The seven-step plan was developed following weeks of consultation with 200 Saskatchewan teachers over Zoom.
“I know parents right across this province are really hoping we can get students back in the fall but we need to do that safely,” said NDP education critic Carla Beck.
“Every day that goes by without a clear plan is just raising the level of anxiety for parents, for students and teachers and staff in our schools.”
With community transmission of COVID-19 rising across southwest and central Saskatchewan – including the city of Swift Current – the plan focuses on increased testing and the option for alternative and distant learning.
“In our plan, we have levels where there needs to be recognition if there’s high levels of transmission,” said NDP Leader Ryan Meili.
The NDP is specifically calling for a phased approach for different scenarios. For example, low case transmission would allow for full in-class learning, while high caseloads should require a return to learning from home for most students.
The NDP also wants to see an increase in COVID-19 testing and tracing, smaller class sizes and an increase in funding for school divisions.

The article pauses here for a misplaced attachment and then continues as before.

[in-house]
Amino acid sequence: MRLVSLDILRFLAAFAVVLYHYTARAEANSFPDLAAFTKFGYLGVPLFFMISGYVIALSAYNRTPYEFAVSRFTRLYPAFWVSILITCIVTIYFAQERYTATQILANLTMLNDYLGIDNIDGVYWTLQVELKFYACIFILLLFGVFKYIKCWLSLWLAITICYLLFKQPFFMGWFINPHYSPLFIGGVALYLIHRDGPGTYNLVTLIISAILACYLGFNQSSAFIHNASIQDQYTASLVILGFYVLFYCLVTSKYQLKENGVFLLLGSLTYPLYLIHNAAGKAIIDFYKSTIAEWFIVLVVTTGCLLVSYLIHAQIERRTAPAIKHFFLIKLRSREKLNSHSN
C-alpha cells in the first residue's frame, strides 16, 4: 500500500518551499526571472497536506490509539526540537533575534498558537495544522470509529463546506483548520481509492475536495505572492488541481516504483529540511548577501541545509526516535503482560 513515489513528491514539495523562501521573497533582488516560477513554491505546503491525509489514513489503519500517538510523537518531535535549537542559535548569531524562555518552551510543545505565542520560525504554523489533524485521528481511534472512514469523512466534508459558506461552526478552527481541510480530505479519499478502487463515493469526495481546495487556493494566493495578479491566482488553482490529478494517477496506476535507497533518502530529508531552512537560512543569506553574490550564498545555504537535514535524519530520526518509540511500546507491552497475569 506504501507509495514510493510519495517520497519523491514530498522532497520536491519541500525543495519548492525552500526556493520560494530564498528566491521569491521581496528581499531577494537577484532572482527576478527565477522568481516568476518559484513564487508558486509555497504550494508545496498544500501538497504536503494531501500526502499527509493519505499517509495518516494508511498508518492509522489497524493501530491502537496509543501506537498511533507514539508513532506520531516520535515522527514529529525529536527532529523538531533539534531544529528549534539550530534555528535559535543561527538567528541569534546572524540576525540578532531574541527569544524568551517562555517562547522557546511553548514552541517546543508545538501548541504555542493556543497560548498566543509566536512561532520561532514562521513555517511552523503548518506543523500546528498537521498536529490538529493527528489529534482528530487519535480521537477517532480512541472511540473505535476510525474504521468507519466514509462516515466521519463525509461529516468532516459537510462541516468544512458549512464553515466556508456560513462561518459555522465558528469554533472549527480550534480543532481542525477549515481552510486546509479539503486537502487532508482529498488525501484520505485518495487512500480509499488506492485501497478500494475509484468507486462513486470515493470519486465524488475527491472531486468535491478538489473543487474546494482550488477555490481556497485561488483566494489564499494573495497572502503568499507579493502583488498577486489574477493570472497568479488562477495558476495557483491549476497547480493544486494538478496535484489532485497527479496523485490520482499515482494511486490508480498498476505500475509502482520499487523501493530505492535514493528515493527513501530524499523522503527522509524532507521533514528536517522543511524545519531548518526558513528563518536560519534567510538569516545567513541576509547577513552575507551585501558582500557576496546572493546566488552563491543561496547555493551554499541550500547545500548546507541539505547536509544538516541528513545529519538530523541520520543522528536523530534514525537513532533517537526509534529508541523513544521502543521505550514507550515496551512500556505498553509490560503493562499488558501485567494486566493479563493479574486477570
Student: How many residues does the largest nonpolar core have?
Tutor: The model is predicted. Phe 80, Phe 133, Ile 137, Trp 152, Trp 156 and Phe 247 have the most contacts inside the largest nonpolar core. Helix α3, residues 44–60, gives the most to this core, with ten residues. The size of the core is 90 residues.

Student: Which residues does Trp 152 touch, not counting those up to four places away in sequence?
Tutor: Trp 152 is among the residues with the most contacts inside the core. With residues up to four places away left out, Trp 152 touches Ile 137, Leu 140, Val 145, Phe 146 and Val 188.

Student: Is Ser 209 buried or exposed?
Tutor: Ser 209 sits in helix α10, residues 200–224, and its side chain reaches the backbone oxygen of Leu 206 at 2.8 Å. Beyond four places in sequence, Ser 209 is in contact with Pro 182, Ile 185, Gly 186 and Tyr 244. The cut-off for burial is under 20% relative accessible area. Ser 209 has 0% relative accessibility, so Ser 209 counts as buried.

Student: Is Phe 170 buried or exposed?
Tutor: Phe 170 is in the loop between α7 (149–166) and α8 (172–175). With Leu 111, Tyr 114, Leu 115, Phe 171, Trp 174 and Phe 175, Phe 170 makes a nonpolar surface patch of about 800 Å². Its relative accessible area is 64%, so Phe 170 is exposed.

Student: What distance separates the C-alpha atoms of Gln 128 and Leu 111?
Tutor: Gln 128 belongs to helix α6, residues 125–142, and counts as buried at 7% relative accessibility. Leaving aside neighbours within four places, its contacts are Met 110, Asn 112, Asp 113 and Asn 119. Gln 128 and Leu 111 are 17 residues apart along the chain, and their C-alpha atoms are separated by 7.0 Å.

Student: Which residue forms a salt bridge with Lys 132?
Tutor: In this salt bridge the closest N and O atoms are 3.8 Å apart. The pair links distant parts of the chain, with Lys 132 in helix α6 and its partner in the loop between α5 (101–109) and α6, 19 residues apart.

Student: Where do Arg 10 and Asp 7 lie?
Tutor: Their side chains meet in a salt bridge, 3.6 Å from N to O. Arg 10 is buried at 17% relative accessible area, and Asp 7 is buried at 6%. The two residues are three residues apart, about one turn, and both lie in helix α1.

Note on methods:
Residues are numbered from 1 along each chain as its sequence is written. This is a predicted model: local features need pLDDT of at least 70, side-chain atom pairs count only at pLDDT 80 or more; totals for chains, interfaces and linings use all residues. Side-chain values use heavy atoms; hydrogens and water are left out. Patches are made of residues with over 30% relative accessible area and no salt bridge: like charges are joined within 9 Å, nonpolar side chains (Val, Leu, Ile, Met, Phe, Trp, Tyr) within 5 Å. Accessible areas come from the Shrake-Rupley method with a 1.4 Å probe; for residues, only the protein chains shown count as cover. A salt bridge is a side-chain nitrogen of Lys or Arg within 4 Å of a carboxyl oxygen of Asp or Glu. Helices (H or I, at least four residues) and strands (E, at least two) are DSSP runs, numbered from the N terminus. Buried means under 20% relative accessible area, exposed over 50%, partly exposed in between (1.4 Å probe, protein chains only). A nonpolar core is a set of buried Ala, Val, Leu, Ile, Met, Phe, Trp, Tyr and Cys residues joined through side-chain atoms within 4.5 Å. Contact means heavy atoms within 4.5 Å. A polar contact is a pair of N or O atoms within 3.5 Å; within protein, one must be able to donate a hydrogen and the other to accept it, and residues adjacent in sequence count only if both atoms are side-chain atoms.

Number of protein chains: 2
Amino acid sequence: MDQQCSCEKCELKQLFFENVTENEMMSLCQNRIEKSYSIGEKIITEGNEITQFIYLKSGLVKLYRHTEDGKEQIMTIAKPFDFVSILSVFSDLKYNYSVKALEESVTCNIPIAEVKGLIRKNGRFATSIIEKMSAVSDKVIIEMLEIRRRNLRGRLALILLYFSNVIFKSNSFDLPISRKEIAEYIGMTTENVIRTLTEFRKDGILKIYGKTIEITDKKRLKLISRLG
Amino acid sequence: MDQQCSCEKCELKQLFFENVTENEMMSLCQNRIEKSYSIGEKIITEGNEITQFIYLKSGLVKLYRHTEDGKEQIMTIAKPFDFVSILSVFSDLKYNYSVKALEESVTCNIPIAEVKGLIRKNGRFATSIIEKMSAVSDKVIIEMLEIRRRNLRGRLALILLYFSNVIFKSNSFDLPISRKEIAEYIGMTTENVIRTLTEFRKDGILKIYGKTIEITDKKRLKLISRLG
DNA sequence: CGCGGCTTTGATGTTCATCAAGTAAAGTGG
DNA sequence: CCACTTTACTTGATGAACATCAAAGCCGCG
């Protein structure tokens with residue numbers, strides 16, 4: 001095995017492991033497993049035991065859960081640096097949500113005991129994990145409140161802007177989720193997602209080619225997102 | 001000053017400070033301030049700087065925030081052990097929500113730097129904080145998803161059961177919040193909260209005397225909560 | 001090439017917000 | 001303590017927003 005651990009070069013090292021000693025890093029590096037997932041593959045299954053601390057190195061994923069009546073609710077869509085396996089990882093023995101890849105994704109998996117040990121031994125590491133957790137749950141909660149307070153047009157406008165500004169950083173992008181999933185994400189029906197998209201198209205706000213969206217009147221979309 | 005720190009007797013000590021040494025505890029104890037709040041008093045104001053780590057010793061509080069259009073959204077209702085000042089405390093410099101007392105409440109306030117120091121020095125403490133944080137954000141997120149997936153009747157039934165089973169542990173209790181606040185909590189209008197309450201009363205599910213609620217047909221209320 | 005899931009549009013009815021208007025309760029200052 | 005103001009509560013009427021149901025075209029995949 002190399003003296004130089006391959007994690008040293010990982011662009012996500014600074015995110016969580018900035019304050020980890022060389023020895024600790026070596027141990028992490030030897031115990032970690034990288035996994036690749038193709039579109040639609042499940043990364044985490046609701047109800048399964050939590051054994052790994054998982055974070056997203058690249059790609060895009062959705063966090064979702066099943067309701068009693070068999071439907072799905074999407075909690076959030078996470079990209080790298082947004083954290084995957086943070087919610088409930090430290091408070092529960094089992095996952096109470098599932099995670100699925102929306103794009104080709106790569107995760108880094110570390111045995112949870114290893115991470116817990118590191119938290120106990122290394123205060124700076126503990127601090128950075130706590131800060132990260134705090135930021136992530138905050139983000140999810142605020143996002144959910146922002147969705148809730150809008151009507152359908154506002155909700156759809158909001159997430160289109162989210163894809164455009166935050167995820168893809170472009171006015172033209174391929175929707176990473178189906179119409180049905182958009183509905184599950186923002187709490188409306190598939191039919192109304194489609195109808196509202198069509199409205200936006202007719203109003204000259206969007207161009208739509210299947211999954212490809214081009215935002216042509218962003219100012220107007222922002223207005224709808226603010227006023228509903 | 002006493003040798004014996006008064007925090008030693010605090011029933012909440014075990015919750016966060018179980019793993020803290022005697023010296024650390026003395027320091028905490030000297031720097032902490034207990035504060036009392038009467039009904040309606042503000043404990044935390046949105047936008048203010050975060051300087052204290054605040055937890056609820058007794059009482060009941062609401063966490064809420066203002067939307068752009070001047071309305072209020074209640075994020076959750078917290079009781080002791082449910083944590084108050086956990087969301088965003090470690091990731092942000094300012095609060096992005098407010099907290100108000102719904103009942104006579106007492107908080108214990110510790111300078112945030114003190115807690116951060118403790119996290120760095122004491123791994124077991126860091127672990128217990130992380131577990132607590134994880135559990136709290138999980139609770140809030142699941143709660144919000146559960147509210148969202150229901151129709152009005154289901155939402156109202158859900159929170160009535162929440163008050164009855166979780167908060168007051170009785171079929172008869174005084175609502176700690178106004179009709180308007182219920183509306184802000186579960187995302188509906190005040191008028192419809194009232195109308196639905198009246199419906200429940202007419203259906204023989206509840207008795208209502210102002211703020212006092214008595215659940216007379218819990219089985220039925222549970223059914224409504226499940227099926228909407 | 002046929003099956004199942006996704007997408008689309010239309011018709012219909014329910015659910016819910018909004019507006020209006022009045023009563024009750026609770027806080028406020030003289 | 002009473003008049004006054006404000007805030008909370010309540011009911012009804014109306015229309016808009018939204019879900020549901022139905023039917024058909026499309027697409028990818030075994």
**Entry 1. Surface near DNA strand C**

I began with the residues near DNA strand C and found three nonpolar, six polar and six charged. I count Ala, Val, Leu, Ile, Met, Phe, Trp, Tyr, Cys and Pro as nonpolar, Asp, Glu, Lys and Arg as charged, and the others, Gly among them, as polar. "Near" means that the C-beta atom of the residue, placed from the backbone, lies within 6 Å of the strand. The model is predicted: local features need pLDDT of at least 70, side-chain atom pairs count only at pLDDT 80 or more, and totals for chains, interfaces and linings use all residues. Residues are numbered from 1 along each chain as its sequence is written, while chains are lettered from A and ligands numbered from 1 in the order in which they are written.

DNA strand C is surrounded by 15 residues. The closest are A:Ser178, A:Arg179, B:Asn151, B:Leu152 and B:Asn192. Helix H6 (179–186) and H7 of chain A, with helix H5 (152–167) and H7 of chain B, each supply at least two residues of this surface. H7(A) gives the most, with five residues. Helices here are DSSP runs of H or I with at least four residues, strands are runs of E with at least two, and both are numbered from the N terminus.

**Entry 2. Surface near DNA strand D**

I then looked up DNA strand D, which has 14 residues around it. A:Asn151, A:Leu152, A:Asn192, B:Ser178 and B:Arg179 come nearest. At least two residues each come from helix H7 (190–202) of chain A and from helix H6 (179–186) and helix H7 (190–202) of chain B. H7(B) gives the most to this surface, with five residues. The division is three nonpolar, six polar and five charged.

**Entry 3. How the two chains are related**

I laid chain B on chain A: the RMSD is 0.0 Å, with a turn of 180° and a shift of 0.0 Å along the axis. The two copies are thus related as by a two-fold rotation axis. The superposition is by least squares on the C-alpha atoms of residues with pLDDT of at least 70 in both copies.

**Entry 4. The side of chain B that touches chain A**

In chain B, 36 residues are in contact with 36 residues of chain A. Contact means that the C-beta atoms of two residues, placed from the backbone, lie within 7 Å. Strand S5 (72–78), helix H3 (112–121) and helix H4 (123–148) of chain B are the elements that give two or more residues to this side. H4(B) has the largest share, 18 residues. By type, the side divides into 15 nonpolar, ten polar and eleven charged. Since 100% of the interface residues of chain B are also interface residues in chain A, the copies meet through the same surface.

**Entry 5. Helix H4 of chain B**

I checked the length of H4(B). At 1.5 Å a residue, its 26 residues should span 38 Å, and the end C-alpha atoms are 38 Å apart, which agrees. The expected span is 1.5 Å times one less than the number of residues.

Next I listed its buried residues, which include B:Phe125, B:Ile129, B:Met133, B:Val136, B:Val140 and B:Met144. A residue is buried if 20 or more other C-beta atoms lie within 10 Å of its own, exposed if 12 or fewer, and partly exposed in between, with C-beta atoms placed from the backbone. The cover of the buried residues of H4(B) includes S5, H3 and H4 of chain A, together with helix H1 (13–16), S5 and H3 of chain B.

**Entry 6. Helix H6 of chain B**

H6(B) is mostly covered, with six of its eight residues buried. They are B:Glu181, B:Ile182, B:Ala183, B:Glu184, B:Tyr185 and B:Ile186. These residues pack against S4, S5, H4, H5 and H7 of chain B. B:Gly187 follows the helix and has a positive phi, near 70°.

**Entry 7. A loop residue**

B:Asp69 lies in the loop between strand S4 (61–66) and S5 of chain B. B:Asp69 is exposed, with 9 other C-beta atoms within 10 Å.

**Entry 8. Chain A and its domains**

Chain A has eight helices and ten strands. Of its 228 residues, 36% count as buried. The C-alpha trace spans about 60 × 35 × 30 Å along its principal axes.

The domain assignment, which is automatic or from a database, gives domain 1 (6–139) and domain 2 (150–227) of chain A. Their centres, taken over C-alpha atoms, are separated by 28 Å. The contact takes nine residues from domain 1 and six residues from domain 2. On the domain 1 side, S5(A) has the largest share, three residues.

The Saskatchewan government currently has a $200-million contingency fund set up for any unexpected costs due to COVID-19.
As for personal protective equipment (PPE), the NDP says there needs to be guidelines over mask use and the distribution of PPE.
“This should not be a politicized process, this should be a task in front of all of us that we can work together to ensure we can meet that goal, which is to ensure the well-being and safety of students right around the province,” Beck said.
The Saskatchewan government has announced safety guidelines for in-class learning but no official plan as of yet. Premier Scott Moe announced on Monday that the province will provide an update to back-to-school plans next week.
“First and foremost, we want to have a safe plan for our children’s return to the classroom and for the staff that are going to be in that classroom alongside with them,” Moe said.
He said the government’s plan has been in partnership with the school divisions and the Emergency Response Team, which includes the Saskatchewan Teachers Federation.
“Things change rather quickly with this virus. So we will have mechanisms in place that may address a challenge that we might have in one community in the province but isn’t affecting all of the schools in the province,” Moe said.
Global News has reached out to the Ministry of Education for comment.